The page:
By Janice McCaffrey
Last year during a tour of France my daughter, Bonnie, and I made a quick stop in Marseille; a jumping-off point to Monaco. Our focus was on Princess Grace Kelly; the palace and a drive up the famous, winding, cliff-hugging road.
Our train from Paris arrived in Marseille late afternoon. We picked up a rental car and headed to our Airbnb lodging in the old part of the city. In a blink of an eye we found ourselves on narrow streets filled with cars racing around curves, merging into already clogged streets, with drivers who had seemingly no regard for others. Very loud motor cycles whipped in and out around moving vehicles, driving not in the lanes, but on the lines that divide them. And Bonnie kept up the pace.
Yikes!! I held on tight!
Flying past ancient-looking pastel stone buildings, I caught a glimpse of a Moroccan man standing in front of a shop laughing with a couple of other men.
The GPS system directed us to public parking close to the apartment and we walked from there. After climbing 107 steps of a circular staircase with broken tiles under foot, yes, with our luggage, we settled into the apartment which was definitely worth the climb. Then we walked down the steps (much easier than climbing up) to the old port soaking up the area’s history and atmosphere.
We were greeted by bright sunshine, clear blue skies with a warm breeze off the sparkling Mediterranean Sea’s varied hues of blues and greens. My kind of perfect day.
I fell in love. And the story began.
Back home committing my imagination to paper I needed the name of the Moroccan man’s attire. Yea for Google!! After finding info and photos of the jabador more Googling got me a suitable name for him, place of birth, and back story.
I have to admit that I can get lost in the research. I have spent hours on internet searches and studying the results. And Google maps is indispensable for settings and determining distances. Their street views are wonderful and were invaluable as I orchestrated a chase scene around Marseille.
Besides giving me many enjoyable hours investigating and learning, one thing always leads to another. The history of Morocco pointed the way to the Phoenician peoples where their history gave me the item of antiquity the story would center around.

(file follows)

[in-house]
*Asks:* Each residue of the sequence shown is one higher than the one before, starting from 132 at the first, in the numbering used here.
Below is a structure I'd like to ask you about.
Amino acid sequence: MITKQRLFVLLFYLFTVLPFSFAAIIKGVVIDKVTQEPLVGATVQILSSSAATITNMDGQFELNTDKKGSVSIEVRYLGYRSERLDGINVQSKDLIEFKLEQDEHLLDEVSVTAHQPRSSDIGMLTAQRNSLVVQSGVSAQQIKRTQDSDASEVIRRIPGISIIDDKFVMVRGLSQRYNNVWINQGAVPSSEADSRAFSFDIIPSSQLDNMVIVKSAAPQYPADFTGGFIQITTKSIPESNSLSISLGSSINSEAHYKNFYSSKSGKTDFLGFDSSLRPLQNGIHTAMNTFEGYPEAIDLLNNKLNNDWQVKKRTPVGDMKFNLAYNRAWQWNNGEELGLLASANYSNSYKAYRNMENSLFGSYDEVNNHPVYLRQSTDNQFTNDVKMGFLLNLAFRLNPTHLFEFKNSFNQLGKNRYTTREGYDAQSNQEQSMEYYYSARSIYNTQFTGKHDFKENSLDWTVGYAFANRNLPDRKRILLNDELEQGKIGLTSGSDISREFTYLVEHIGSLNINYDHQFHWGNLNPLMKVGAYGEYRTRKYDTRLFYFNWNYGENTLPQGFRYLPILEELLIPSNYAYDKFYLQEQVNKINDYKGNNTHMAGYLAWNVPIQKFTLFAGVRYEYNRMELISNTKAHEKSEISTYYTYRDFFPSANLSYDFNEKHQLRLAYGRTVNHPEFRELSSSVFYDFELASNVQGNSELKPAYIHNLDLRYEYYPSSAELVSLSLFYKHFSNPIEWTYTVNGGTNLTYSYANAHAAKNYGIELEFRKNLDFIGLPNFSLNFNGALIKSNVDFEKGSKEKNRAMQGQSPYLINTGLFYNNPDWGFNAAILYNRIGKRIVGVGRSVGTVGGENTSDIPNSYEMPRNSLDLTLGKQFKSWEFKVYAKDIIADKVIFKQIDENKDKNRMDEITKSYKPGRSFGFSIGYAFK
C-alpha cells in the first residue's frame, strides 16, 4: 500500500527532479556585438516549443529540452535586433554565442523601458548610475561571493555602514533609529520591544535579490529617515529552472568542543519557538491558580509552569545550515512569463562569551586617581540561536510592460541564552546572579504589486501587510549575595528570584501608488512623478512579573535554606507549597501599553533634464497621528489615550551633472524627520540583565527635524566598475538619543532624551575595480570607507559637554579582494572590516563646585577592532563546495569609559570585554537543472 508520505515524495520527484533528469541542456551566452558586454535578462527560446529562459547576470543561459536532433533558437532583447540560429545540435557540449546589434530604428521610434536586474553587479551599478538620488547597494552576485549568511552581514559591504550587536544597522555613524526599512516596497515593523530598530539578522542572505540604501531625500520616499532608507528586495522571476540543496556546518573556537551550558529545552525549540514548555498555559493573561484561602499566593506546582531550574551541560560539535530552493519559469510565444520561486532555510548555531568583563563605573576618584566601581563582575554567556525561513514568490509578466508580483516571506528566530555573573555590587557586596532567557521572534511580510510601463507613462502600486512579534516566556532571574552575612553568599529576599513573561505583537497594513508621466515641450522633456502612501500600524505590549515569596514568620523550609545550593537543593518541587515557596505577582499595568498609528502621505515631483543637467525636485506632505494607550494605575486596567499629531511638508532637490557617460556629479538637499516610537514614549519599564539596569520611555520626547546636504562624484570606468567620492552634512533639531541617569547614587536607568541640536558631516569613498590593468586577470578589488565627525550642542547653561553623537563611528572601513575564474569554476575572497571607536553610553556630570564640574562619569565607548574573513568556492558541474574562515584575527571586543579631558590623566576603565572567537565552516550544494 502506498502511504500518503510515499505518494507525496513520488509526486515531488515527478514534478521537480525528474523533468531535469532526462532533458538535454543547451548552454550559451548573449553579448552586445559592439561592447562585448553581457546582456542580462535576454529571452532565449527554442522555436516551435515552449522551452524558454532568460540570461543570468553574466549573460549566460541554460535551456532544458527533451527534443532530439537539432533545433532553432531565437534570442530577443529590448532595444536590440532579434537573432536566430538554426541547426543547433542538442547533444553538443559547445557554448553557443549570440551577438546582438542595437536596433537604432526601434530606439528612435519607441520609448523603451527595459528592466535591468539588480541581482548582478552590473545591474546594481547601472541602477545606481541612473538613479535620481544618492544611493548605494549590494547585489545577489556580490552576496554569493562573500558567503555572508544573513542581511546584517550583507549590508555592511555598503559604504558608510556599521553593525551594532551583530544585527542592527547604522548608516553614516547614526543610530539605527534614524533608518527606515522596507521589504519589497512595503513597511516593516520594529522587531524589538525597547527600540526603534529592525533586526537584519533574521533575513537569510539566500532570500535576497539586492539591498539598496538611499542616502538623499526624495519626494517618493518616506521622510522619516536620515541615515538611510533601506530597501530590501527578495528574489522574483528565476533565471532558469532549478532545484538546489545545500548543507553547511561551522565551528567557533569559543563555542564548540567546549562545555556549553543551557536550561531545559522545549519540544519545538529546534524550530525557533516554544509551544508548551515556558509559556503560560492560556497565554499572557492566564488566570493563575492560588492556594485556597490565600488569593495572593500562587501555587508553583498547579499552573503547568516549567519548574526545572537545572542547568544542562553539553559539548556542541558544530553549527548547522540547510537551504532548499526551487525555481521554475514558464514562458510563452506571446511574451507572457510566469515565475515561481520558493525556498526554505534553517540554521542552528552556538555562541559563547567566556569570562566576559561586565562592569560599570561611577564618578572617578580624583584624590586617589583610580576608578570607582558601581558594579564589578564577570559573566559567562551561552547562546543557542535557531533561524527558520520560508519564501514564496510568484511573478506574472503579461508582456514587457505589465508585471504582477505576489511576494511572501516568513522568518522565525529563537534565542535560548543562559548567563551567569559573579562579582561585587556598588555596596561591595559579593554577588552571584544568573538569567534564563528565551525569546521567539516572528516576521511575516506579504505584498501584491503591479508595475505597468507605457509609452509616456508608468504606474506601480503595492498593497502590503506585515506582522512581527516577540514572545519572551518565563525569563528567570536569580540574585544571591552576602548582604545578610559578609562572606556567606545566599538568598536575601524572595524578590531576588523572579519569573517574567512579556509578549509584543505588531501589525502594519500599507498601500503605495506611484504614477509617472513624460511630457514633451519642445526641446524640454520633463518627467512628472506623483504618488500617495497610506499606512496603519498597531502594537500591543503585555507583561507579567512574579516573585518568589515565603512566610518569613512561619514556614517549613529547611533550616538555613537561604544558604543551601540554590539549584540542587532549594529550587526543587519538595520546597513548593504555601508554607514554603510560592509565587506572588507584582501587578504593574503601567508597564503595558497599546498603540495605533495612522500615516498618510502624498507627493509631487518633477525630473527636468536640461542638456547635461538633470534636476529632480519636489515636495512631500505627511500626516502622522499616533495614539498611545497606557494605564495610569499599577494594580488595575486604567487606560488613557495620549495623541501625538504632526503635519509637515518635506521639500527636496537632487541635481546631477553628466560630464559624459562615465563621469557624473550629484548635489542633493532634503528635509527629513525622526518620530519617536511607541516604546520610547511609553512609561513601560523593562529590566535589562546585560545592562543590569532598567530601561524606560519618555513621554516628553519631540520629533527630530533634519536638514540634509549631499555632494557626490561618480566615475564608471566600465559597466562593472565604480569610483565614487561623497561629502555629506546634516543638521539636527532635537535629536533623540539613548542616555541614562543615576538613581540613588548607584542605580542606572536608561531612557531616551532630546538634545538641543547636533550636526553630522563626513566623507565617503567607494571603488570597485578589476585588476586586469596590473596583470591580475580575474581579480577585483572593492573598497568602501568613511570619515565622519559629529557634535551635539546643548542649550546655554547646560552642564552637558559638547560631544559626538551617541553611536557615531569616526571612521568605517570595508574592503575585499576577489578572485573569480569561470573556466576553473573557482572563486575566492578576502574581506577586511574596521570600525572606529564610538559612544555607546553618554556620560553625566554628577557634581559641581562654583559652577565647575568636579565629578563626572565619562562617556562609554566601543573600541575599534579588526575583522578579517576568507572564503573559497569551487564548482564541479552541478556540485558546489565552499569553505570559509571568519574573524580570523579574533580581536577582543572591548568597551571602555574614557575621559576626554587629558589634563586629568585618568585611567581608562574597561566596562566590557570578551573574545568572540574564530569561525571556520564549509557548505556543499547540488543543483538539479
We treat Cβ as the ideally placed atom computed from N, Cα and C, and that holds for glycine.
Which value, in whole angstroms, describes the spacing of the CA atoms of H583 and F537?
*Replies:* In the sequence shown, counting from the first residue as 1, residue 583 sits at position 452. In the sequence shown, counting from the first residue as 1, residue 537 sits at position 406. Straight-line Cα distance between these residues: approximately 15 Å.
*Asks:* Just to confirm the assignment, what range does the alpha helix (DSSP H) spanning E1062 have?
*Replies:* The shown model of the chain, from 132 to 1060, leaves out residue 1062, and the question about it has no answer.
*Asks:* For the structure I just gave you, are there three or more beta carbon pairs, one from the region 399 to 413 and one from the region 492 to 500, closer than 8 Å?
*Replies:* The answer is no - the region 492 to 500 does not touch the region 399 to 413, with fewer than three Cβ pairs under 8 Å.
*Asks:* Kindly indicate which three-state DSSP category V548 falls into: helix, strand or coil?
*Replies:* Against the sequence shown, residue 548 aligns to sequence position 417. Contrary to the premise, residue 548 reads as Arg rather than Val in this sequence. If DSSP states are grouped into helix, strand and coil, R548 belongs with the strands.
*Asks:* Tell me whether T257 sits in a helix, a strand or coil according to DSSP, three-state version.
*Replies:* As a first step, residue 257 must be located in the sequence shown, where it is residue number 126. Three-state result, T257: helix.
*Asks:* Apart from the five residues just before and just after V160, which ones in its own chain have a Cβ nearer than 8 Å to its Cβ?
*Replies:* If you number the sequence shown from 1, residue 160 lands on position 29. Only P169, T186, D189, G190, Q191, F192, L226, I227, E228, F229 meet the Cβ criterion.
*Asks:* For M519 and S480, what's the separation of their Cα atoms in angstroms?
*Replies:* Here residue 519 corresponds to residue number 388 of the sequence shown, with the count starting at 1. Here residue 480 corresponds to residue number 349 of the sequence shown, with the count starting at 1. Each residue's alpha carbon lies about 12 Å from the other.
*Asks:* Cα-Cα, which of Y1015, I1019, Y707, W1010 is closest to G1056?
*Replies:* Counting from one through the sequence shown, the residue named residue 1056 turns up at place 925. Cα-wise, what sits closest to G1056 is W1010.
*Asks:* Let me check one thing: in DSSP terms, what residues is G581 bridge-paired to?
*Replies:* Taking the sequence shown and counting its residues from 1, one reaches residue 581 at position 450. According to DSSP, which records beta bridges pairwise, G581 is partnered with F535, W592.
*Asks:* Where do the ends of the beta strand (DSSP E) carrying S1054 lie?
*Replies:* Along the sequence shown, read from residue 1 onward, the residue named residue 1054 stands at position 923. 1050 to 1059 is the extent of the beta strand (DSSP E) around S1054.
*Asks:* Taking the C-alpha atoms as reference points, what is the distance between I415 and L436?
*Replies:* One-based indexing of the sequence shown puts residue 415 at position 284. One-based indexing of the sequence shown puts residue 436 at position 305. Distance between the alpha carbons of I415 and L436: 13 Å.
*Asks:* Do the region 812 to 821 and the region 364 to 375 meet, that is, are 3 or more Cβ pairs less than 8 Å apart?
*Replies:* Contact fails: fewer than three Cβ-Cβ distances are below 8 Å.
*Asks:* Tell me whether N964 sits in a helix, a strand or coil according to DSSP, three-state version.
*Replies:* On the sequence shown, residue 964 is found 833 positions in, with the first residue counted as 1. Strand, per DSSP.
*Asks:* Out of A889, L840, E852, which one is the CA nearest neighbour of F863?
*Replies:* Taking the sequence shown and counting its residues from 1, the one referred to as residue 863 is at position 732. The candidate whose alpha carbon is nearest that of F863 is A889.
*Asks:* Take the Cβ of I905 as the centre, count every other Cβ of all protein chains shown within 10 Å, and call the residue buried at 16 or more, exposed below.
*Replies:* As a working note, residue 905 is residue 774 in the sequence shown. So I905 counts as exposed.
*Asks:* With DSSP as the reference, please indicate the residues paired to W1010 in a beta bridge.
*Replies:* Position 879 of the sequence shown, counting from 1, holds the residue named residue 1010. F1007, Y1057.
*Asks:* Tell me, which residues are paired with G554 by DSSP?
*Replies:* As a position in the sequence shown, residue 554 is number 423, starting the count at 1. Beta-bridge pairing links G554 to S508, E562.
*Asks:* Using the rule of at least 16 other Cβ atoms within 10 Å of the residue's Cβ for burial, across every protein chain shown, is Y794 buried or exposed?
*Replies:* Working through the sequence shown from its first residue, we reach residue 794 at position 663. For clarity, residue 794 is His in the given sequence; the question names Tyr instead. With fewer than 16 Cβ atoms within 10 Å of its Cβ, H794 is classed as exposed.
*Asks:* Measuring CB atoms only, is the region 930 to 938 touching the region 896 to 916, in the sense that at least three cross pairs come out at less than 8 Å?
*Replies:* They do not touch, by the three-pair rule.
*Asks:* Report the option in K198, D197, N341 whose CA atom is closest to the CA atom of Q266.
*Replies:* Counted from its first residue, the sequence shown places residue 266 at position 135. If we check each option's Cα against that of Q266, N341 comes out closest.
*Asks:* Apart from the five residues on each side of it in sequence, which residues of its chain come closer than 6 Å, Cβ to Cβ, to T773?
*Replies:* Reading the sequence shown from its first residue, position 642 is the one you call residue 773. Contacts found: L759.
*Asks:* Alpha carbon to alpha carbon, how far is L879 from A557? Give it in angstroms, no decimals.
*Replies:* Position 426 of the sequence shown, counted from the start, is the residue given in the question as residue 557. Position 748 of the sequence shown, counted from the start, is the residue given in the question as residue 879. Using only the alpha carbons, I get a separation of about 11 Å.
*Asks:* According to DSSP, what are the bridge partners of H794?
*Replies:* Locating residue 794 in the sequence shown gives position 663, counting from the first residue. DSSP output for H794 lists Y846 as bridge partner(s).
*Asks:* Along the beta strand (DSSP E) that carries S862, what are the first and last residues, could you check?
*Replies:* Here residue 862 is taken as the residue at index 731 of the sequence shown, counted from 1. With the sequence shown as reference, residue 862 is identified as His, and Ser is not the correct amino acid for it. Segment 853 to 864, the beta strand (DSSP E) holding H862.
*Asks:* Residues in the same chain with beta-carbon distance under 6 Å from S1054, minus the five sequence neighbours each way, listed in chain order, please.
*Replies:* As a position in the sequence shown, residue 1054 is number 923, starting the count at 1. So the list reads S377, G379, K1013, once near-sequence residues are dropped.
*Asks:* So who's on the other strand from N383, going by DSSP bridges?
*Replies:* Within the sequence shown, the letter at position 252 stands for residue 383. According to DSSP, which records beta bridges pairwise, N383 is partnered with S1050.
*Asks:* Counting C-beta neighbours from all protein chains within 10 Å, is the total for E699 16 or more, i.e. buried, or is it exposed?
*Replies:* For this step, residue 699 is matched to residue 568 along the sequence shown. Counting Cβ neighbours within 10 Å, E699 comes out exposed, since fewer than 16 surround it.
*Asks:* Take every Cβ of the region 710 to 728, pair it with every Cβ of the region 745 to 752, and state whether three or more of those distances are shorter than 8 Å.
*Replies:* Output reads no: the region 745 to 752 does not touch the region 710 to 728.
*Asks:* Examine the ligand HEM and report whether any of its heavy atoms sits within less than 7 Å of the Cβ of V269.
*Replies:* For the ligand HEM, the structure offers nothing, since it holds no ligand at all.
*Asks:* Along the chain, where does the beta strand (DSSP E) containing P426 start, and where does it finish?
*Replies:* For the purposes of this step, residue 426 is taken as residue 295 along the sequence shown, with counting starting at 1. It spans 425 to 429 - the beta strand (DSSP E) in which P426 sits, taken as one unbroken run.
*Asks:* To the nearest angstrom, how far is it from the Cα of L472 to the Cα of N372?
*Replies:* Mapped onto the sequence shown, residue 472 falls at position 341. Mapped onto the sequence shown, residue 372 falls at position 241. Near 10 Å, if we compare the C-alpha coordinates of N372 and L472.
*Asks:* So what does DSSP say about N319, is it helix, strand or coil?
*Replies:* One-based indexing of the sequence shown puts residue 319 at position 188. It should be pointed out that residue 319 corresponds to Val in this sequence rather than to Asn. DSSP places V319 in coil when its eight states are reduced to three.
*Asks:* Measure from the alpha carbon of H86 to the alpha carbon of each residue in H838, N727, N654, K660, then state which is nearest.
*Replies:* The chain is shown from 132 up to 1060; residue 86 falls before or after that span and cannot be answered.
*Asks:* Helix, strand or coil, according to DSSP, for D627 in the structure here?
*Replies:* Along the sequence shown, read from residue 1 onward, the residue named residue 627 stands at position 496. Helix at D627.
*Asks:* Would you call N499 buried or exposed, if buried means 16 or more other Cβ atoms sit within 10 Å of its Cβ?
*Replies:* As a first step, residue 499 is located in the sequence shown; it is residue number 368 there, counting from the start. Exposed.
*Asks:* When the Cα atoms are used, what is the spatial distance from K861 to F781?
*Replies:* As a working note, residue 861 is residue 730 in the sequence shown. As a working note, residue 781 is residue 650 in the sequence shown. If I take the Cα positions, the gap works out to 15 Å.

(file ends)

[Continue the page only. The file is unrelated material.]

An article entitled Research for Fiction Writing in Cornell Research by Alexander Chang explains how J. Robert Lennon, author of See You in Paradise (Greywolf, 2014) and teacher of English at Cornell University uses the internet searches to find details for his stories. Here’s a quote:
In doing research as a fiction writer, Lennon embraces a term his wife once called [him and his friends] them: professional dilettantes. “I like that as a description for writers,” he says. “I love going to parties with writers—they always have super shallow knowledge of a zillion different things.”
I had to Google the definition, but it made me laugh out loud!
diləˈtänt,diləˈtäntē/ noun 1. a person who cultivates
an area of interest without real commitment or knowledge.
That’s me! Due to my love of research I know a multitude of unrelated facts. Like:
Did you know the Phoenicians were the first known people to establish an alphabet? They were industrious and successful merchants who needed a method of keeping their accounts. This was back between 1500 and 1050 B.C. They devised 22 letters, only consonants, to represent the sound of their language. Over time the Greeks and Romans adjusted the original symbols which eventually gave us our 26 letters that represent the sound of our language. This chart shows the changes.
And now . . . we’re hooked on phonics!
These people also invented ink and paper. And when they bound pages together for the first time in the city of Bylos its name led to two of our modern-day words—book and bible.
I can tell you the history of sweet potatoes. Indigenous of South America Columbus took them back to Spain and Portugal. From there Portuguese sailors introduced them to Nigeria where their main crop was another tuber they called yams (not to be confused with our yams, theirs is white and round and belongs to a different plant family). Eventually the slave trade ships brought seedlings to North Carolina which is now our main growing area for the delicious tuber.
Oh, yes. And then there’s Queen Anne’s nephew Edward Hyde Lord Cornbury who held the office of Governor in both New York and New Jersey from 1701-1708. To open the New Jersey General Assembly he dressed as a woman of fashion. His rational was that since he represented a woman, Queen Anne, he should look like one.
And if you ever want to know the particulars of the early Pennsylvania-German’s Groundhog traditions, just ask.
For some writers research may be a drudgery to avoid at all costs, but for me it opens the world of ideas, events, characters, and settings.
I love getting lost in the research!